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Can You Really Get Fit With Wii Exercise Games?

Experts weigh in on the value of video game exercise.
By Annabelle Robertson
WebMD Feature
Reviewed by Louise Chang, MD

If you've been wondering what all the fuss is with the new Wii exercise games, you're not alone. Wii Fit, the new component to the Wii gaming console, launched May 19 and has been getting lots of buzz. In fact, if sales in this country match those from abroad, you may have trouble finding one.

The brainchild of Shigero Myamoto -- the computer whiz behind Mario, Zelda, and Donkey Kong -- Wii Fit is aimed at everyone, says Nintendo. The company created the video exercise game to go with its original Wii console, which boasts virtual games of tennis, bowling, baseball, boxing, and golf. You need to own that Wii -- or buy one, for about $250 -- to be able to use Wii Fit. For an additional $90, you get a CD full of exercises, information, and the all-important balance board.

A 12-inch by 20-inch plastic slab that looks like a smaller version of the steps used in aerobic classes, the balance board is Wii Fit's main accessory. All the exercises (except running) are done on the board or next to it, and it senses whether you're correctly positioned. It even functions as a scale.

How the New Wii Fit Exercise Games Work

After booting up the software on your Wii console, you'll be instructed to create a "Mii"-- an avatar you personalize with a nickname, facial features, and body type to match your own, using the game's signature "wiimote." After entering your date of birth, sex, and height, you'll activate the balance board and step up for your first weigh-in. With the blare of a trumpet, the narrator will announce your weight, body mass index (BMI), and your "Wii fit age."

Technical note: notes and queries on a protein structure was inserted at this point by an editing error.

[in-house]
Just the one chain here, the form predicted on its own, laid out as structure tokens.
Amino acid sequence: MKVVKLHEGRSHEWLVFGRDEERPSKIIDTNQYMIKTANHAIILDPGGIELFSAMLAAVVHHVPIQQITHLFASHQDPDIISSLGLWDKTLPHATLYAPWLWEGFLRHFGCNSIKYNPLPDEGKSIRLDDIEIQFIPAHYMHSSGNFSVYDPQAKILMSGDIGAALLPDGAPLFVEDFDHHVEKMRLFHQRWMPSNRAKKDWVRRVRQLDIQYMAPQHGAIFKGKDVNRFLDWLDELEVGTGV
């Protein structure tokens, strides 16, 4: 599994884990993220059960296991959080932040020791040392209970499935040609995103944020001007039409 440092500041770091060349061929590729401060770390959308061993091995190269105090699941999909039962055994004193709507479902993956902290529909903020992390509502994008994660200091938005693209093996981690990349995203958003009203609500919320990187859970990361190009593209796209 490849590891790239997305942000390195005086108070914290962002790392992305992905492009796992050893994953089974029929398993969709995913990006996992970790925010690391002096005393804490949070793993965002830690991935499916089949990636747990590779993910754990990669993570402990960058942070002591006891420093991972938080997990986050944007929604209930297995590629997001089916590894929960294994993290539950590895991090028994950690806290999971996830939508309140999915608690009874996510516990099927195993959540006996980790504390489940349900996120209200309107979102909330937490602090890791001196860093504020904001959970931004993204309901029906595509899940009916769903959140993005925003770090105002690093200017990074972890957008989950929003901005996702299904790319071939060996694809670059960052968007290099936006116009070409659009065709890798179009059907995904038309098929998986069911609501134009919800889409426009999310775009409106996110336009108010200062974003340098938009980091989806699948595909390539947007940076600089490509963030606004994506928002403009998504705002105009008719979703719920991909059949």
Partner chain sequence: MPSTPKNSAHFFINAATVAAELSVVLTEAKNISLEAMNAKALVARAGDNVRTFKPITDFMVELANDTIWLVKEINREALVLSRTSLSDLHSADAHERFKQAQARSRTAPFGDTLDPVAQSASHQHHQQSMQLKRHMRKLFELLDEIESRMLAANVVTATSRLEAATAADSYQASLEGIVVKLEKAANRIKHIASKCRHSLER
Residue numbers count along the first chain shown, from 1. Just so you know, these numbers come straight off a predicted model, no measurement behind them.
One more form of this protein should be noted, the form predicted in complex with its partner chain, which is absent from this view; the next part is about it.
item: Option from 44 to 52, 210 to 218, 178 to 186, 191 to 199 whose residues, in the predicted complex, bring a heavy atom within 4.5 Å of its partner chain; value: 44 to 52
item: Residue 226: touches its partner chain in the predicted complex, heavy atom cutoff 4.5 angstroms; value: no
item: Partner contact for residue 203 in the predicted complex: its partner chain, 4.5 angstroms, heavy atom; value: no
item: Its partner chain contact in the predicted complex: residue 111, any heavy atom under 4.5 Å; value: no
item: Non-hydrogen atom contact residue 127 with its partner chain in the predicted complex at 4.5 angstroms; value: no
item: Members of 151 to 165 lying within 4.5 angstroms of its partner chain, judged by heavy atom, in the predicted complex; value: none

Be prepared to hear that you're "overweight" if you have large muscles. The BMI doesn't take lean muscle mass and body fat into consideration, after all. Also, don't be surprised if your "Wii fit age" is older than you are. Your "Wii fit age" is largely determined by how well, and how quickly, you do the initial Wii balance test, and does not take into consideration other factors like muscle strength or cardio endurance.

Balance is a key component to Wii Fit. It not only determines your Wii fitness level, but is also one of the four categories of Wii fitness games. Balance games consist of a ski slalom run, a ski jump, a table tilt, and soccer "heading," during which you butt the onscreen ball with your head.

"Many Wii Fit activities are directed towards a 'core' workout, a popular exercise method that emphasizes slower, controlled motions," explains Marc Franklin, director of public relations for Nintendo of America.

According to experts, however, balance -- especially the ability to stay poised on a board -- rarely reflects actual fitness ability.

"In terms of skill, balance, coordination and agility are important for our functional capabilities, but they don't equate to how fit a person is," says Cedric X. Bryant, PhD, FACSM, chief science officer of the American Council on Exercise (ACE).

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